Congress of South African Trade Unions (Cosatu) delegates gather during the Cosatu's 13th national congress on September 17 2018 in Midrand, South Africa. File photo: SOWETAN/THULANI MBELE
Congress of South African Trade Unions (Cosatu) delegates gather during the Cosatu's 13th national congress on September 17 2018 in Midrand, South Africa. File photo: SOWETAN/THULANI MBELE

Cosatu could revisit its decision to support the ANC ahead of the May national elections at its next central executive committee.

The federation’s Gauteng leaders told reporters on Monday that they are deeply concerned about President Cyril Ramaphosa’s failure to consult organised labour about the unbundling of Eskom and other “emerging trends” reminiscent of the 1996 class project”.

The 1996 class project is a tag used by Cosatu and the SACP to describe ANC leaders in and out of government who promote policies which deviate from resolutions of the alliance and the interests of business.

Cosatu’s national congress held in 2018 resolved to support Ramaphosa and the ANC on condition that workers’ issues were prioritised and jobs were protected.

Central to their conditions was reconfiguration of the ANC-led tripartite alliance and broad consultation and consensus on policy issues.

However, Ramaphosa’s announcement that the financially strained Eskom would be split into three entities during the state of the nation address last Thursday seemed to have irked the federation.

The decision to unbundle Eskom has been rejected by all labour organisations in the country, with warnings that it would lead to mass job losses at the power utility.

Gauteng provincial secretary Dumisani Dakile said the Cosatu central committee would have to analyse these developments and hoped the structure would be “sober” enough to make a decision about that advocates the interests of its members.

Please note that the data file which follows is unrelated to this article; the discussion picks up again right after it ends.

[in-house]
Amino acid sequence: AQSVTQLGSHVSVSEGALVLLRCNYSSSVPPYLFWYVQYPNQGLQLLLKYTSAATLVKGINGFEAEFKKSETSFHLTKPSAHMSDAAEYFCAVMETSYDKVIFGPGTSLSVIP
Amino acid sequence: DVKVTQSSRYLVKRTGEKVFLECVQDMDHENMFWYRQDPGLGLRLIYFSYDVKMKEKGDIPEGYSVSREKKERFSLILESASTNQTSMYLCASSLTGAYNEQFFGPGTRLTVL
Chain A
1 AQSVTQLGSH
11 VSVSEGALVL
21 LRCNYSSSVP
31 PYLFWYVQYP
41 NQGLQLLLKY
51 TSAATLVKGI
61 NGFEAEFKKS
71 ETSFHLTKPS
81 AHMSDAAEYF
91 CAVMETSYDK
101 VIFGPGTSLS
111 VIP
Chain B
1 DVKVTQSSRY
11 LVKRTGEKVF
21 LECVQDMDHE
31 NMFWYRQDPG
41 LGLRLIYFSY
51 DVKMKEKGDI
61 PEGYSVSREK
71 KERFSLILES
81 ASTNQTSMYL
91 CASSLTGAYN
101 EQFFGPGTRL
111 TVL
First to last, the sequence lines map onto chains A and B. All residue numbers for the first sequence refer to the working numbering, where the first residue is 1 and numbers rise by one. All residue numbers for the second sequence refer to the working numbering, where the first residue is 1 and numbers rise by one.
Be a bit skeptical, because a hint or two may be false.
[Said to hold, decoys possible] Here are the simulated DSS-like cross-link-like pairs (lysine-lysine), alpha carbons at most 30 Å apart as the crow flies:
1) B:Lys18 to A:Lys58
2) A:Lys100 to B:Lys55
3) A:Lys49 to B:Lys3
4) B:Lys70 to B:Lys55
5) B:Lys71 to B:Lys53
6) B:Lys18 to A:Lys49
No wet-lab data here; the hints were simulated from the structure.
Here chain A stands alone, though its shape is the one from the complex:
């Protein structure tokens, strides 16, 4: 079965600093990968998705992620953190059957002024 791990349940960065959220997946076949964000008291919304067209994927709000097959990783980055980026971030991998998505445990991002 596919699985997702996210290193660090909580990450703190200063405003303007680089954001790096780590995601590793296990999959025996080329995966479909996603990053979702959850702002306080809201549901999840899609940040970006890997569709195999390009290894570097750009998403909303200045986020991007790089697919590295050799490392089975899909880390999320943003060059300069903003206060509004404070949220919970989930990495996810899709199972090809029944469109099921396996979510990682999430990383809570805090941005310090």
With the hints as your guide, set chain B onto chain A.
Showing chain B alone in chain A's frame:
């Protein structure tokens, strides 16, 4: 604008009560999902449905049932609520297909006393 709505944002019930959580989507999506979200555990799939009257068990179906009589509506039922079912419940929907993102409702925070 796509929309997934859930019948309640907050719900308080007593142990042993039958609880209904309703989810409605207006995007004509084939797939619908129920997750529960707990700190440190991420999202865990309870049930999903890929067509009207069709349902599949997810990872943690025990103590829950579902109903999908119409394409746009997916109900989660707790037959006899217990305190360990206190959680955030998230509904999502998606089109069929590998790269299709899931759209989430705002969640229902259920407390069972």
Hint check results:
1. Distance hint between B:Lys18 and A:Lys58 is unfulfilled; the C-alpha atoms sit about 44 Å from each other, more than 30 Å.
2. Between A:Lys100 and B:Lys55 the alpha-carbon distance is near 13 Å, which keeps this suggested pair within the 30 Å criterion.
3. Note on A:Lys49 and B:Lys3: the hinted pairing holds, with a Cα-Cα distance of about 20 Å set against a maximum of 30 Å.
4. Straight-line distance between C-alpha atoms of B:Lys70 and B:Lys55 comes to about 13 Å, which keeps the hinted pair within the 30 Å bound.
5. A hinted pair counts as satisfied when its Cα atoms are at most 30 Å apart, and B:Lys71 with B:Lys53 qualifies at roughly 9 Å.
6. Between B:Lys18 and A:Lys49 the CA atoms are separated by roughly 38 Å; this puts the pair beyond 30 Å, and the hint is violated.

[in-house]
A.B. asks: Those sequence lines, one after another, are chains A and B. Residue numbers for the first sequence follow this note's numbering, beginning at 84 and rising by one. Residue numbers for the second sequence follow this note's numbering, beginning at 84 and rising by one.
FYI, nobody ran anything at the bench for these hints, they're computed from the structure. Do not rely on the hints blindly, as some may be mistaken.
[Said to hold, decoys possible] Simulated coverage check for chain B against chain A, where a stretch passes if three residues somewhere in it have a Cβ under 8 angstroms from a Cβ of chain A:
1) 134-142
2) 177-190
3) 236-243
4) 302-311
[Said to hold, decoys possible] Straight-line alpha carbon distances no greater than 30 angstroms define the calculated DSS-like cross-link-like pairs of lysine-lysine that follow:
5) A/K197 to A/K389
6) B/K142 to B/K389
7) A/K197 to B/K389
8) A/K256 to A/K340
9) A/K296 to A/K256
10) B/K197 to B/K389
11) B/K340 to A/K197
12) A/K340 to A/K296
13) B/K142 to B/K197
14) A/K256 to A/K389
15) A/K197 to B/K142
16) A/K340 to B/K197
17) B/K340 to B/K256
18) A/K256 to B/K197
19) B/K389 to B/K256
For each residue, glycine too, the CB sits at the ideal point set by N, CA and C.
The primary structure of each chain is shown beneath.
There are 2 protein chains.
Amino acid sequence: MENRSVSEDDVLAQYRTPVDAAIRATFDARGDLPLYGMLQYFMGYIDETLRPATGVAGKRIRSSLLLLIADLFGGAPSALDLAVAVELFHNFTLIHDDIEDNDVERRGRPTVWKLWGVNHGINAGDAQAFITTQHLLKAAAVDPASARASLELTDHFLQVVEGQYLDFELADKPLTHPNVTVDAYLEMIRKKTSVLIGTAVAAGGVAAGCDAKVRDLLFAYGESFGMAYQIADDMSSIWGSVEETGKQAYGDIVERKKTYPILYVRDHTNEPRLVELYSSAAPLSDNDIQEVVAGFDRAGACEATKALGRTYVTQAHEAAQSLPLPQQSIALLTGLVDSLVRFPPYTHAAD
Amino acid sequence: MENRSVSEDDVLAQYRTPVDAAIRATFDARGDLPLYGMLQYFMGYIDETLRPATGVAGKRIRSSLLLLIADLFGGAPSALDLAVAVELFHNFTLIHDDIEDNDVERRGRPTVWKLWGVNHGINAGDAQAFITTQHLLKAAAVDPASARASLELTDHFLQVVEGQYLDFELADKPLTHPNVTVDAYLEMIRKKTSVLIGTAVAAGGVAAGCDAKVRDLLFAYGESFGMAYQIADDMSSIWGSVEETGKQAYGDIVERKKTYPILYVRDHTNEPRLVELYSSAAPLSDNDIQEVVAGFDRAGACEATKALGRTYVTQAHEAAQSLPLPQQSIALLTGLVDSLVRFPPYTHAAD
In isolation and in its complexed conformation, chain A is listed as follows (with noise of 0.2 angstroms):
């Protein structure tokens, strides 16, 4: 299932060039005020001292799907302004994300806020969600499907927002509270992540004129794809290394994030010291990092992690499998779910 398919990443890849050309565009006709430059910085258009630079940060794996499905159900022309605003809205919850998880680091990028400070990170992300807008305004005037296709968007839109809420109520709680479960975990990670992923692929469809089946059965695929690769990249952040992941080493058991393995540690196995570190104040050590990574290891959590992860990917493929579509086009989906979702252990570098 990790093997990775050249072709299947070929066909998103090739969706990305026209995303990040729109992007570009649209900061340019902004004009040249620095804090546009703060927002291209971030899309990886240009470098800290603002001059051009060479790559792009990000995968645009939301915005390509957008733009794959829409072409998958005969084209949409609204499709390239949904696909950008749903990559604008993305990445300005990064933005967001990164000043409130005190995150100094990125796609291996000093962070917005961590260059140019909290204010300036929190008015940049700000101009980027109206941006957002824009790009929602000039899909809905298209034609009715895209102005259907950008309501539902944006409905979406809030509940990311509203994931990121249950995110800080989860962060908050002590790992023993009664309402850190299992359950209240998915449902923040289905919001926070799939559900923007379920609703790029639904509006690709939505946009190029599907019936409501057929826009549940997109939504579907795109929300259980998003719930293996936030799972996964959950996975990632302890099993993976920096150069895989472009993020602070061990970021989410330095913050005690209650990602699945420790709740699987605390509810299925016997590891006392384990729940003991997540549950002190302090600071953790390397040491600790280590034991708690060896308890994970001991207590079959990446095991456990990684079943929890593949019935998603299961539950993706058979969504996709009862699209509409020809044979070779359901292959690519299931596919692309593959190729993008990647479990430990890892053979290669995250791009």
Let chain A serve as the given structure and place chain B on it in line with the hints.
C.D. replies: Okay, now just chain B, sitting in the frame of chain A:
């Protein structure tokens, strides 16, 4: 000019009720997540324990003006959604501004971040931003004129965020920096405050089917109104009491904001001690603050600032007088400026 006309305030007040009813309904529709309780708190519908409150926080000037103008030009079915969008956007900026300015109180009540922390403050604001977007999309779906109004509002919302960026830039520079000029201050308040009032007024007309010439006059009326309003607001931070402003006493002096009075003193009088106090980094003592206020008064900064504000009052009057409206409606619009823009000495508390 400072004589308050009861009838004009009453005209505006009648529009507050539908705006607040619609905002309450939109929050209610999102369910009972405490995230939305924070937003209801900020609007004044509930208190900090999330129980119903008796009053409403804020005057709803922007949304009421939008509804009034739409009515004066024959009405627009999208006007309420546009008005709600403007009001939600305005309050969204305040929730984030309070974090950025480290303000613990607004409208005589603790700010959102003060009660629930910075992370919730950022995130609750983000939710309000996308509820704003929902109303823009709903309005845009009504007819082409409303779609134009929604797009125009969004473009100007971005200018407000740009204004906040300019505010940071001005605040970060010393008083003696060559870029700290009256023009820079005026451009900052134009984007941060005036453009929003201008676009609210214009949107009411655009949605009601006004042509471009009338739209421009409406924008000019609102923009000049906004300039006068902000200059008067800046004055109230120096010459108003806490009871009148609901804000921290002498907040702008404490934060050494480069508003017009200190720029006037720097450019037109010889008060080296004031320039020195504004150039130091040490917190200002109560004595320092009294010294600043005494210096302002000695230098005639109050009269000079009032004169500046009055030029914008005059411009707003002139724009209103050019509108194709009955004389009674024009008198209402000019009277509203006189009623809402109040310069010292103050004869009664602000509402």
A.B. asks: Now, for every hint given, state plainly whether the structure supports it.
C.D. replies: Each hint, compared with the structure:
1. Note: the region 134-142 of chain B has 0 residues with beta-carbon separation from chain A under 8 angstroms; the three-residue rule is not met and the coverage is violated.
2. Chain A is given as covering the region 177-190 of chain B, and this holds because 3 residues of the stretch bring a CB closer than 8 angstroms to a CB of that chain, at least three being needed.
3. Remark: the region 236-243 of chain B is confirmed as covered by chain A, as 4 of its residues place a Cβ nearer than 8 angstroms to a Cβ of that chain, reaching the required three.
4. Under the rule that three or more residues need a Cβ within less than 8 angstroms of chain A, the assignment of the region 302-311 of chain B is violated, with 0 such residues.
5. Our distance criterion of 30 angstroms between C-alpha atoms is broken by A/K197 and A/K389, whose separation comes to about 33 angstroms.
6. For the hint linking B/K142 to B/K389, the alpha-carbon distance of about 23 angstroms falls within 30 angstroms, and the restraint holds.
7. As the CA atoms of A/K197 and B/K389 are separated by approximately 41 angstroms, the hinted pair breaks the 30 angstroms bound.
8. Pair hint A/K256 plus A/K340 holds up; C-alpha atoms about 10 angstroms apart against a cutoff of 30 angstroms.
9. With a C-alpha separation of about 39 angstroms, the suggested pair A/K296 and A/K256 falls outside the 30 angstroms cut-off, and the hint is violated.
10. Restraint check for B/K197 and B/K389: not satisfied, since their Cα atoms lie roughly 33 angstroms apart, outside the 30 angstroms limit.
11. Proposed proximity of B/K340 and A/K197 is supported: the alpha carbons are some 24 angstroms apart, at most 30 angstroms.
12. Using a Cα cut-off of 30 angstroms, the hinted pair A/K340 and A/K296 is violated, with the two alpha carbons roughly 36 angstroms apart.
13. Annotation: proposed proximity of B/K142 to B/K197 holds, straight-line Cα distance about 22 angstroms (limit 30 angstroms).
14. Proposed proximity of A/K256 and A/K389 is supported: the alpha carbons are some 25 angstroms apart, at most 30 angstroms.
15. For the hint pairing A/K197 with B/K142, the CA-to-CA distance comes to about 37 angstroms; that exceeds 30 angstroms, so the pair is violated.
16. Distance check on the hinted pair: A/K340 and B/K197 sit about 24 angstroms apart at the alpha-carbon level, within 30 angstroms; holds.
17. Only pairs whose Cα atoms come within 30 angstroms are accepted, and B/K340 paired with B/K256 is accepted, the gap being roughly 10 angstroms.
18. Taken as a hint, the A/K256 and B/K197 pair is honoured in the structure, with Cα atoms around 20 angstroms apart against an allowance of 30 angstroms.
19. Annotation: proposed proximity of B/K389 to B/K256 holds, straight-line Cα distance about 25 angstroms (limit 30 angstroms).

“What we thought we defeated in Polokwane, the 1996 class project, has resurfaced and has [reared] its ugly head. The role played by Trevor Manuel [shows this], he was a serious soldier of the 1996 class projects, the chief architect of the NDP that we rejected. The appointment of Tito Mboweni as finance minister is part of that.

“The question of the unbundling is not a new debate; we thought we had resolved it. It feels like déjà vu,” Dakile explained.

Dakile said Cosatu was using its national strike planned for Thursday as a launching pad for a resistance campaign against job losses and “other anti-developmental state tendencies”.

“We are launching a massive fight … you can see and detect that the right wing of the ANC is in hegemony. One of the things we’ll need serious engagement on as Cosatu is whether the last 25 years saw a rise of capital, which is the deeper question that will be engaged with. Given the material evidence, what should be our attitude,” he said.

Cosatu in Gauteng will be protesting to the legislature and the minerals council where executives from various private businesses and SOEs will be handed memorandums.

There will also be seven other marches in other cities across the country.

mahlakoanat@businesslive.co.za